They had quite a run together, the kindly old manager and his kid boss -- that's boss with a small "b." Joe Torre and Brian Cashman ran the New York Yankees together for a decade, smiling in World Series championship parades, shrugging off bellicose challenges issued in statements under the name of Boss George Steinbrenner.
Cashman was 31 when Steinbrenner tapped him as the Yankees' general manager in 1998. For the first time, Cashman's manager is someone other than Torre, but a deep friendship cultivated over so many years did not evaporate when Torre joined the Dodgers.
"I just hung up with him five minutes ago," Cashman said from his New York office last week.
The men could meet again in October, a World Series story line waiting to happen. Certainly, the Steinbrenners and the McCourts have put up the money for a winner: The Yankees' payroll tops the American League, the Dodgers' payroll ranks second in the National League, behind the New York Mets.
Yet for all those bucks -- $209 million for the Yankees, $119 million for the Dodgers -- the playoff fate of both major-market franchises rests largely with kids each making less money than Dodgers pinch-hitter Mark Sweeney.
The Yankees' pitching depends on Phil Hughes, Ian Kennedy and Joba Chamberlain. The Dodgers' offense depends on Matt Kemp, James Loney, Russell Martin, Andre Ethier and maybe Andy LaRoche or Blake DeWitt.
The Dodgers have entrusted their kids, and their season, to Torre.
"He's a great leader," Cashman said. "But you have to have the horses to lead. I know from afar the Dodgers have a lot of young stallions ready to take that next step. If they're looking to take that next step and learn about winning, they couldn't have picked a better person to lead them."
To the point that Torre tends to prefer veterans, Cashman offers this counterpoint: Derek Jeter, Mariano Rivera, Jorge Posada and Andy Pettitte.
"Those four alone were hatched under the watchful eye of Joe Torre," Cashman said, "and they've grown into incredible, historical figures."
Torre arrived in L.A. to choreographed pageantry that evoked a sense of savior more than manager. He bluntly dismisses the notion that he is the missing link, the magic link, between the Dodgers and a return to glory.
"It's not that easy," Torre said. "My job here is pretty simple. I come from a place where we've been successful -- playoffs every year, six World Series. It gives you an advantage. When you say something, people will listen."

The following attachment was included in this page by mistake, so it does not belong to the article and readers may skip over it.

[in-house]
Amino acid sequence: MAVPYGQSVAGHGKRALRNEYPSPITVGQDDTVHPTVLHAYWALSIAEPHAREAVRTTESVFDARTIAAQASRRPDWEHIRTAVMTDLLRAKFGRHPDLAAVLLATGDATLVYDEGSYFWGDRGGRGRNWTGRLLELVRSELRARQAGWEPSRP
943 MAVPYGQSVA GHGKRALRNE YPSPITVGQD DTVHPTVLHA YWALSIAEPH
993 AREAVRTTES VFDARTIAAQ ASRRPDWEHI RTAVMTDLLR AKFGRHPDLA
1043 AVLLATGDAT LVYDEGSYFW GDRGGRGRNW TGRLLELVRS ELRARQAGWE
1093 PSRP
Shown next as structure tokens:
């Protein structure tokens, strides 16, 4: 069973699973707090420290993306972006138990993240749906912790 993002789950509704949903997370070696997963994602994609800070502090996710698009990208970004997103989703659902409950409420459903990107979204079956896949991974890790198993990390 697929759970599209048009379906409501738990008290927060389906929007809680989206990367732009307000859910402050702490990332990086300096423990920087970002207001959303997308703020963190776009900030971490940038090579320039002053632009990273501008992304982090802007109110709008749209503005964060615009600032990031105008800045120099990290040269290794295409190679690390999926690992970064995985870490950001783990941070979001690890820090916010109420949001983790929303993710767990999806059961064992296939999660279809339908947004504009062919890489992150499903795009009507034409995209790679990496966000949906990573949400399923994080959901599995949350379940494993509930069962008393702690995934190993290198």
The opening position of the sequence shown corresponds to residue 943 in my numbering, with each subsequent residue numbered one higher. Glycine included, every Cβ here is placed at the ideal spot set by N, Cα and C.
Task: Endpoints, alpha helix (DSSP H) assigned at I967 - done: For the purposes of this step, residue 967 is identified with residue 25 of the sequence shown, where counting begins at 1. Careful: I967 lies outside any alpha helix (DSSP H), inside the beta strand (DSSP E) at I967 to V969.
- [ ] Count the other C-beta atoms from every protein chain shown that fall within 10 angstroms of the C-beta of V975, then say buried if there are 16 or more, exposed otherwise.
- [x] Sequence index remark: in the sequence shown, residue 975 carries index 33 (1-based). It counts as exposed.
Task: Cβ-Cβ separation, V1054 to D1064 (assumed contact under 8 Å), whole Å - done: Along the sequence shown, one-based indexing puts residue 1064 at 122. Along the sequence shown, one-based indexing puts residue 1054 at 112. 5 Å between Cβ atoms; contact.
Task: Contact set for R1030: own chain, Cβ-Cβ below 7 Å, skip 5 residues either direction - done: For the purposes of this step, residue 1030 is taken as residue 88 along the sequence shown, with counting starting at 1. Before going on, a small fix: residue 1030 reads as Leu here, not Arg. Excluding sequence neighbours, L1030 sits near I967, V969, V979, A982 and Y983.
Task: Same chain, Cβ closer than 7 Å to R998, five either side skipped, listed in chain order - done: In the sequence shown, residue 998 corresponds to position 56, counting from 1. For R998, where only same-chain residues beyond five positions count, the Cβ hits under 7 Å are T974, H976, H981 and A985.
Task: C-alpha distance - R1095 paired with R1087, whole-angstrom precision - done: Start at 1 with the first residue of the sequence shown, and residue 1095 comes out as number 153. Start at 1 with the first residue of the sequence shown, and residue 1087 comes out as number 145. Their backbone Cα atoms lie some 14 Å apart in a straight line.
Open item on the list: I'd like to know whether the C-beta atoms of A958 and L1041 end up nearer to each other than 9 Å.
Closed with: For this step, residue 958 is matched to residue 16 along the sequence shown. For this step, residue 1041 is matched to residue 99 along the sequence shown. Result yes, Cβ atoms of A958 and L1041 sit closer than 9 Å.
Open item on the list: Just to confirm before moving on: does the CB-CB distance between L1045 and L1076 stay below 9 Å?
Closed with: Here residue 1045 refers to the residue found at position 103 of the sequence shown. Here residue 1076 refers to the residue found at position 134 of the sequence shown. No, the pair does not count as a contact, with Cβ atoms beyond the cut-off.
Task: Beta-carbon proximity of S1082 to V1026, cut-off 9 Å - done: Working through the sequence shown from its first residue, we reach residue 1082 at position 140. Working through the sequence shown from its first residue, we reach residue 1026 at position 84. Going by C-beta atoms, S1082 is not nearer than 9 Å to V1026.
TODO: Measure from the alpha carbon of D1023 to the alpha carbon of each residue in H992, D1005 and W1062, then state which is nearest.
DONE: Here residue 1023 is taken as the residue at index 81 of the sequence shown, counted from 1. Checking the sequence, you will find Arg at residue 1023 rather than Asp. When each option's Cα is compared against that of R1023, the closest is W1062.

The Dodgers are blessed with a young core -- all those position players, and pitchers Chad Billingsley, Jonathan Broxton and Clayton Kershaw too -- that could lead to the kind of run Jeter and Co. enjoyed in New York. Maybe this year, maybe next year or . . .
"It's time to win," Dodgers owner Frank McCourt said when he arrived at spring training last month.
That did not sound like the voice of patience. Torre just got here, and McCourt spent the money, so that sounded as if McCourt put General Manager Ned Colletti on the hot seat.
But no, McCourt said, that was not a win-or-else ultimatum.
"It's not about that," he said. "It's about this organization getting back to a place where we're competitive each and every year."
To his credit, McCourt did not object when Torre put Juan Pierre and his $44-million contract on the bench. Colletti has issued five free-agent contracts of at least $35 million, and the scorecard so far: one up (Rafael Furcal), two down (Pierre and Jason Schmidt) and two new (Andruw Jones and Hiroki Kuroda).
"There's no guarantees," McCourt said. "Everybody's working hard, Ned in particular, to bring the best possible players to the Dodgers. There's no crystal ball. You take a chance. You do due diligence. You make choices knowing they're not all going to work out."
McCourt said he supported Colletti when the Dodgers opted against trading four young players for Johan Santana or Miguel Cabrera.
"We were totally in sync," McCourt said. "It was way too big a price to pay to bring some of the names you mentioned into this organization.
"That would be, in my mind, putting much more emphasis on right now at the expense of the future. We don't want to be out of balance on that."
That could have been Cashman talking. When the Yankees' new Boss, Hank Steinbrenner, wanted to trade multiple kid pitchers for Santana, Cashman stood firm and said no.
If Santana wins 20 games for the Mets and the kid pitchers struggle for the Yankees, Steinbrenner might mention that a time or two.
Cashman's contract expires at the end of the season. He grew up a Dodgers fan in Kentucky, even served as a Dodgers batboy one spring in Vero Beach. If Jones and Kuroda flop this summer, maybe McCourt takes a run at Cashman this fall.
But that is not the script for the Dodgers' 50th anniversary celebration. This is: Kemp facing Chamberlain in the World Series, Torre and Jeter in opposite dugouts, Cashman and Colletti celebrating with rings, and contract extensions.